Asepsis(redirected from chain of asepsis)
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the totality of measures taken to prevent infection of a wound by microbes, including the sterilization of everything that comes in contact with the wound and is either temporarily or permanently introduced into the organism during an operation.
In 1867 the English surgeon J. Lister proposed the use of carbolic acid in the battle against infection. Later it was found that carbolic acid is not entirely safe for either patients or surgeons; poisoning and complications during the healing of the wound, including necrosis—mortification of tissues—were observed. The search was undertaken for new methods of neutralizing microbes, methods that would not have a negative effect on the patient’s organism. Researchers established the fact that microorganisms are killed by high temperatures (boiling, hot air, and so forth); this discovery laid the foundation for the development of the aseptic method (physical antisepsis). The German surgeons E. Bergman and K. Schimmelbusch greatly contributed to the progress of asepsis in the 1880’s and may rightly be considered the founders of asepsis. In Russia asepsis became widespread in the 1890’s (V. A. Ratimov, M. S. Subbotin, P. I. D’iakonov, and others). In contemporary surgical practice, disinfection (sterilization) is achieved mainly by physical methods—that is, high temperature (boiling, heating), high temperature in combination with increased pressure (autoclaving), and ultraviolet rays. To maintain asepsis, all surgical operations are carried out only in special operating rooms under conditions that eliminate infectious microbes—that is, smooth, easily washed walls and the absence of unnecessary objects and furniture. The disinfection of the air in operating rooms is achieved by means of ultraviolet radiation from bactericidal lamps. Access to operating rooms is permitted only to a small number of people who wear special clothes, shoes, and masks made from gauze. Operating room personnel who have been exposed to festering diseases or who are carriers of infection are not permitted to work in the operating room. Surgeons and surgical nurses begin the operation after washing their hands with sterile brushes according to a special method and after treating them with agents that kill microbes on the surface of the skin and prevent the spread of microbes from the sudoriferous and sebaceous glands (tanning agents). The personnel perform the operation wearing sterile smocks and rubber gloves. The operating area—the place where the incision is made—is shaved, treated with an alcohol solution of iodine, and isolated from the other portions of the body with sterile sheets. Sterilization of operating room linen—smocks, caps, gauze masks, towels, sheets, gloves, and so forth—and also of the dressings is achieved by autoclaving in a biks, in which the material is kept sterile for several days. Metal instruments are boiled in sterilizers; cutting instruments (which become dull when boiled) and material used for joining tissues (sutures), such as silk, catgut, nylon and capron thread, and metallic and tantalic clips, are sterilized by immersion in 96 percent alcohol; cystoscopes and other instruments with optical systems are immersed in corrosive sublimate for a period of time that ensures the destruction of microbes (from several hours to five days). Articles made of plastic and used in plastic surgery in the making of prostheses to replace certain organs—artificial esophagi, blood vessels, cardiac valves, joints, and so forth—are sterilized with chemical substances. Washbasins, trays, and other objects are disinfected by heating.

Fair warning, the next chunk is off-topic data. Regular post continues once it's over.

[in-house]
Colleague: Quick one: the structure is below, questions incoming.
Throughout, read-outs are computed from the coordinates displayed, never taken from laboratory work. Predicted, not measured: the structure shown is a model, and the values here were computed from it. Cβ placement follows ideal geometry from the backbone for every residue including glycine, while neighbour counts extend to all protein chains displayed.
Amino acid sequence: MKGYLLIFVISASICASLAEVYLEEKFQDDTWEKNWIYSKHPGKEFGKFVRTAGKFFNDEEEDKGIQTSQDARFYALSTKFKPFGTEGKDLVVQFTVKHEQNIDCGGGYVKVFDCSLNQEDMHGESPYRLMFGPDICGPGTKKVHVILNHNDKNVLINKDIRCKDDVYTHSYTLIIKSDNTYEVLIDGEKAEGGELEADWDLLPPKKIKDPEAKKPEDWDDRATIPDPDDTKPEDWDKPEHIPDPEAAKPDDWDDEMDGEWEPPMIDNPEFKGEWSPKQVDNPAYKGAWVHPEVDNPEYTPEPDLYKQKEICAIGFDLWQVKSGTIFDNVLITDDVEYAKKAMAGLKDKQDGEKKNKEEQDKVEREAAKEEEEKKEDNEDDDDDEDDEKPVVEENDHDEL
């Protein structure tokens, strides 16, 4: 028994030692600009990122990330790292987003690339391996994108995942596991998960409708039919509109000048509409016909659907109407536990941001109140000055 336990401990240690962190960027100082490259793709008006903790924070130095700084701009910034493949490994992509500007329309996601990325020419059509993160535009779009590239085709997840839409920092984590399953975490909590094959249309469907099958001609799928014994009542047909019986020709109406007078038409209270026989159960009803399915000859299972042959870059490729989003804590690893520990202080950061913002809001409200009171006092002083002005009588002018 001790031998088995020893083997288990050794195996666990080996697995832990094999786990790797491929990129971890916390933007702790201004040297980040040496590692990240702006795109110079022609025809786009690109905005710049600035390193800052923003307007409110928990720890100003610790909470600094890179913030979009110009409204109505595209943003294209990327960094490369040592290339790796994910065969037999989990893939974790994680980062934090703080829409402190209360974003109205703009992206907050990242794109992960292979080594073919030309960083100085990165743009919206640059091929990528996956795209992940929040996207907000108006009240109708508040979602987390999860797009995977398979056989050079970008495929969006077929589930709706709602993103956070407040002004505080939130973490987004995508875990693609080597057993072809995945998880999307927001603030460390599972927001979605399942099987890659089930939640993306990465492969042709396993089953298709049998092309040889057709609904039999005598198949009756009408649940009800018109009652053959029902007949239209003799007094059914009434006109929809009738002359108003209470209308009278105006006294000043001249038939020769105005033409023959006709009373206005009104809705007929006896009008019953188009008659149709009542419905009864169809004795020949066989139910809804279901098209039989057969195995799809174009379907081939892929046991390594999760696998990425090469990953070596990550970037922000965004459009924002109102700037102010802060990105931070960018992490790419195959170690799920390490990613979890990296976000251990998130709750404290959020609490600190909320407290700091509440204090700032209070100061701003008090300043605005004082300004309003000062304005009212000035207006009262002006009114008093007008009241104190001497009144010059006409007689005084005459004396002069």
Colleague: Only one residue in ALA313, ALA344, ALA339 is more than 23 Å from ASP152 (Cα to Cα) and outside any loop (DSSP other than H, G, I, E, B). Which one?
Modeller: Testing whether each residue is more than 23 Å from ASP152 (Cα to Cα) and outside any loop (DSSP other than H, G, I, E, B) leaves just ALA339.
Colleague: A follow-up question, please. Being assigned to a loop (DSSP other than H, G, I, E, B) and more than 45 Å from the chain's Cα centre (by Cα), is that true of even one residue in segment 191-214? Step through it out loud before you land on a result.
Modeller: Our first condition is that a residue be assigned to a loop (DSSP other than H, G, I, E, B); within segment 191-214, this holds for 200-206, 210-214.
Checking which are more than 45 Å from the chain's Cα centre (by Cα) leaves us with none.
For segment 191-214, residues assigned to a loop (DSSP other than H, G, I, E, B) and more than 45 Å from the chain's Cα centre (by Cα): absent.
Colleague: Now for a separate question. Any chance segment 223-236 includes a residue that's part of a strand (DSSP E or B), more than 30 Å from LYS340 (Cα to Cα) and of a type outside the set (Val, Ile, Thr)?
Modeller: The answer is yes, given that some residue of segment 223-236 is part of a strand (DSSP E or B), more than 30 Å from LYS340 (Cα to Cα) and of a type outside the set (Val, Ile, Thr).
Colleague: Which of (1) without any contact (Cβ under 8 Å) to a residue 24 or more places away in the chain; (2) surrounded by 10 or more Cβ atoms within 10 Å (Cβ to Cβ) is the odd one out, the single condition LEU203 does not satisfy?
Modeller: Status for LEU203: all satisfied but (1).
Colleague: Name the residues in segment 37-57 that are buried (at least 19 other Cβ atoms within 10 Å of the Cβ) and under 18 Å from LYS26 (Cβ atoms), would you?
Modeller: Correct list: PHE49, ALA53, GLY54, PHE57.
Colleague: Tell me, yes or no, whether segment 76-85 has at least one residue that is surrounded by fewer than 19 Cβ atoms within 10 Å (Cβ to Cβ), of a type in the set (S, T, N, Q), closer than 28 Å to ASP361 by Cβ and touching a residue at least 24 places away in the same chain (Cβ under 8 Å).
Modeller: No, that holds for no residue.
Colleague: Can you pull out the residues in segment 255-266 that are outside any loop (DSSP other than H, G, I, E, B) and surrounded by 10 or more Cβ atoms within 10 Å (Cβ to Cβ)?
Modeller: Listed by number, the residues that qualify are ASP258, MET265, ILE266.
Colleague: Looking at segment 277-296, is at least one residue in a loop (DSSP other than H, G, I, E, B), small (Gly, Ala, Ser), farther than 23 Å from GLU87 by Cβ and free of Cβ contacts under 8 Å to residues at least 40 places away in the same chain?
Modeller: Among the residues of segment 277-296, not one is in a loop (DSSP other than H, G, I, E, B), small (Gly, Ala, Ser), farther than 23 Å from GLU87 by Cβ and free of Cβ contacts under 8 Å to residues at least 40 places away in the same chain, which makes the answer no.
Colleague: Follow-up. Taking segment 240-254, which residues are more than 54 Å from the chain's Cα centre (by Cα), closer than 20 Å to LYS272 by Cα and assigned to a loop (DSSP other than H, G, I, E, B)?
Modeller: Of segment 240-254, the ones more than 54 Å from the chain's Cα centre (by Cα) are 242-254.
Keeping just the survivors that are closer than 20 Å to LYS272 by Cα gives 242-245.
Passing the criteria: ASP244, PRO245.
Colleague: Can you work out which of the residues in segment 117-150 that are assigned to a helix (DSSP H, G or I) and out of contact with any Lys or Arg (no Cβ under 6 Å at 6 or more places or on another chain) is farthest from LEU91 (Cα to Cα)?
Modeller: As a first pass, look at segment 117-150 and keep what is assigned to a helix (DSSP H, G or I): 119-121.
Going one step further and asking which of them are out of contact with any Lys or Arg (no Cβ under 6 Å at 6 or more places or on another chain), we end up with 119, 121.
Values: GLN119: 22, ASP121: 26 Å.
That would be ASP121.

All contemporary surgical work is based on strict observation of the rules of asepsis, although even the use of antiseptic means is not excluded. The organization of special operating rooms and dressing rooms for the performance of operations and dressing accompanied by the opening up of the lumen of the intestines or of a suppurative focus or for the execution of these operations after other so-called clean operations makes possible the most complete asepsis.
In the case of organ transplants, asepsis must approach the conditions of complete sterilization. Everything that comes in contact with the patient during and after the operation is disinfected—that is, the air, the linen (sterile or antimicrobial material is used), and so forth.
REFERENCESBreido, I. S. Istoriia antiseptiki aseptiki v Rossii. [Leningrad,] 1956.
Mnogotomnoe rukovodstvo po khirurgii, vol. 1. Moscow, 1962. Pages 159–73.
A. B. GALITSKII